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 The Second Level of Inquiry according to TWEM

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Kelley
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PostSubject: The Second Level of Inquiry according to TWEM   Thu Dec 21, 2006 4:46 pm

Is this novel a 'fable' or 'chronicle'?

What does the central character want? What is standing in his or her way? And what strategy does he or she pursue in order to overcome this block?

Who is telling this story?

Where is this story set?

What style does the writer employ?

Images and metaphores?

Beginnings and endings?
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Kelley
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Number of posts : 890
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PostSubject: Reference   Thu Dec 21, 2006 4:53 pm

Don't forget you can reference your copy of the Well Educated Mind for more information on the Second and Third stages of Inquiry, there is more information and explanations for each question. Not all questions will be applicable to every book, not all questions have to be answered, but I thought since we went through all the work of reading it, we better look into finishing the steps.
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Kelley
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PostSubject: Level 2   Thu Dec 21, 2006 11:55 pm

Is this novel a 'fable' or 'chronicle'?

I believe that this book is a chronicle, as Cervantes goes through each moment of the days. But in some circumstance it seems as if DQ is trying to pull us into his universe, although Cervantes always reminds us of his delusion.

What does the central character want? What is standing in his or her way? And what strategy does he or she pursue in order to overcome this block?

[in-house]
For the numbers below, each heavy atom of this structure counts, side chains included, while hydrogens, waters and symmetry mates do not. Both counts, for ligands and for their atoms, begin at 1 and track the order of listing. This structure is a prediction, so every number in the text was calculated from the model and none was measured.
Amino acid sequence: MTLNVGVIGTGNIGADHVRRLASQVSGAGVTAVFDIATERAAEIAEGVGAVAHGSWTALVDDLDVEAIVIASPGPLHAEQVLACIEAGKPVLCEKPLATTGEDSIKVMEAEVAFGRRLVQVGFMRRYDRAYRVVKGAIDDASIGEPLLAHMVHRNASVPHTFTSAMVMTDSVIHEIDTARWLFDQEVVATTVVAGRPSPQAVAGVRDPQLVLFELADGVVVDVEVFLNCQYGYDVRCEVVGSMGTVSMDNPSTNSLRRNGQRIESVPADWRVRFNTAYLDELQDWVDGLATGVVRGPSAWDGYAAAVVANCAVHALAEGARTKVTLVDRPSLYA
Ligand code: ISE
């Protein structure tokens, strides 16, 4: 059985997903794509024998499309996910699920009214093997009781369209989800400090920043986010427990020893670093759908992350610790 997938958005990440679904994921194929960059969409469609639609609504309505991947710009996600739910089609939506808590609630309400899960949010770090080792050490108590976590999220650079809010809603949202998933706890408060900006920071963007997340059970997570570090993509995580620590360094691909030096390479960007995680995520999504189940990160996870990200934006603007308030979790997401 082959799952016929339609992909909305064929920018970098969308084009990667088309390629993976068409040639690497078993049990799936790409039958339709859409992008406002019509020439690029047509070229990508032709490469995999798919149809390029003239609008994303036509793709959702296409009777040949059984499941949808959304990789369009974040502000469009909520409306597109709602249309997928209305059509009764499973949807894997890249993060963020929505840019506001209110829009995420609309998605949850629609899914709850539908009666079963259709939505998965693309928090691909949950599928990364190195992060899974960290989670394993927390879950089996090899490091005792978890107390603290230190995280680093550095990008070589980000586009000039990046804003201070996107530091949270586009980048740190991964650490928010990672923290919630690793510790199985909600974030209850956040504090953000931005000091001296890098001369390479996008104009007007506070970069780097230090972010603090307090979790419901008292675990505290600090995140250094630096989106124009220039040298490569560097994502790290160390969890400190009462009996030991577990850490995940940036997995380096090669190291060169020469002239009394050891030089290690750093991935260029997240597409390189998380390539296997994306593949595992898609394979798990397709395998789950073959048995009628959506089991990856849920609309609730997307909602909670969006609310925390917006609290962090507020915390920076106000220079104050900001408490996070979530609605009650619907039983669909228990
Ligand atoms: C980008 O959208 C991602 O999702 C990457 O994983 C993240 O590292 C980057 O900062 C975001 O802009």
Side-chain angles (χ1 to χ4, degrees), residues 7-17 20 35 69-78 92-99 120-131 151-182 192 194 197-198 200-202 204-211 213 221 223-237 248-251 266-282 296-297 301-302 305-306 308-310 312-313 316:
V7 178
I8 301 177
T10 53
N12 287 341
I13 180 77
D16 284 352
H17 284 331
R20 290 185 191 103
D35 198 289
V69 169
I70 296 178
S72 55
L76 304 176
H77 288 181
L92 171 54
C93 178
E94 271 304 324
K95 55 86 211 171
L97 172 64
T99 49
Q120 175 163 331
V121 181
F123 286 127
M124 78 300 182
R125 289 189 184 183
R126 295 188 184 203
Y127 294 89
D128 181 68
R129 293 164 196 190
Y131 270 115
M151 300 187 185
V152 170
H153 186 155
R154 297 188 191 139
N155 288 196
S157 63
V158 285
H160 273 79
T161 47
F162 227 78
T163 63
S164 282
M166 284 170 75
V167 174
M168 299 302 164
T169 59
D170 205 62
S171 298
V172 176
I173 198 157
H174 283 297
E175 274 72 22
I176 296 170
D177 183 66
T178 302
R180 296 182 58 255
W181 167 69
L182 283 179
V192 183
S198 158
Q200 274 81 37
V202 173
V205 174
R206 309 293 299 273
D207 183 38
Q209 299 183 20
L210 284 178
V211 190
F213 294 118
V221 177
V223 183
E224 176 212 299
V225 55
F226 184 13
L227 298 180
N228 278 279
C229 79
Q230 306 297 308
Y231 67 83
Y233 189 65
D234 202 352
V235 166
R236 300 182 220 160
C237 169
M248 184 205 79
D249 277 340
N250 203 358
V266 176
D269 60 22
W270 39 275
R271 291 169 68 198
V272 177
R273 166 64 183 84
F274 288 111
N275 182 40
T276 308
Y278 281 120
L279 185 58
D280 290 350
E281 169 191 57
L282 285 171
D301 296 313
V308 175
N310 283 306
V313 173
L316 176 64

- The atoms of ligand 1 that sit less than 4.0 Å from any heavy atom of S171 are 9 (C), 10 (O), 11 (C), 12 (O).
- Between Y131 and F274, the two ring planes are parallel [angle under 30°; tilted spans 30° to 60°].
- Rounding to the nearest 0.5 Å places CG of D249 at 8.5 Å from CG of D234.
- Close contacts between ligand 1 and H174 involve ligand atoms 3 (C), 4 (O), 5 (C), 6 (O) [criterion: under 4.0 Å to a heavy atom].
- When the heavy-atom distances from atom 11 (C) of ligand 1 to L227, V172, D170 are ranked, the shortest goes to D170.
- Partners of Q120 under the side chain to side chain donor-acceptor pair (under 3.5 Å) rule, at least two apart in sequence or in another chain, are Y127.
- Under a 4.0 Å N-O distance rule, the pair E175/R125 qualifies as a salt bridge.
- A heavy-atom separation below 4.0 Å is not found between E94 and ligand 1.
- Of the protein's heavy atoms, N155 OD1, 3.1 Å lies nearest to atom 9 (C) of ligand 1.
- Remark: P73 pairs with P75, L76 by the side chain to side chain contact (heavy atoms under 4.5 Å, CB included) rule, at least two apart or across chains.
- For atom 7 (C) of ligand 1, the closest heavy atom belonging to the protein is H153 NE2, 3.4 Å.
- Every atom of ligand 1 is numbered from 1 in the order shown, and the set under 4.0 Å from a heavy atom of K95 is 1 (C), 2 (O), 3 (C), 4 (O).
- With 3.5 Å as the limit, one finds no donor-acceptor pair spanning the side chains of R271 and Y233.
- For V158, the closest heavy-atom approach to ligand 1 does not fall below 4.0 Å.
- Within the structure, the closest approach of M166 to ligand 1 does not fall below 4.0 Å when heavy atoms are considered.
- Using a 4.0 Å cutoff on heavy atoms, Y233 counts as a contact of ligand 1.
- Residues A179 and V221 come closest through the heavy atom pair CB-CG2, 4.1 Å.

DQ wants to be a knight errant, and have the respect that a knight errant has. DQ stands in his own way with his sanity issues and aggression, and the culture stands in his way by not believing him. As well as the fact that his desires are from fiction, it is no longer the time of knights. DQ's strategy seems to be to behave as he views a knight errant would behave regardless of the reactions of others or the explanations that others give. I wondered at different points through the book how insane he was, or if some of his behavior was an act to allow him to play the role that he desired.

Who is telling this story?

Cervantes is telling the main story in a thrid person point of view, but there are multiple substories told by the characters or 'read' from manuscripts.

Where is this story set?
1604 Spain, inns, the woods,

What style does the writer employ?

Complex, and circular, often times repeating things, and intentionally confusing the reader, to add to the sense of DQ's madness

Images and metaphores?

Inns- the meeting place
Books- dangerous, can change the course of event or your mind set
Horses- Travel
Moors- evil, stupid, etc

Beginnings and endings?
I don't have the book with me, but I will post later
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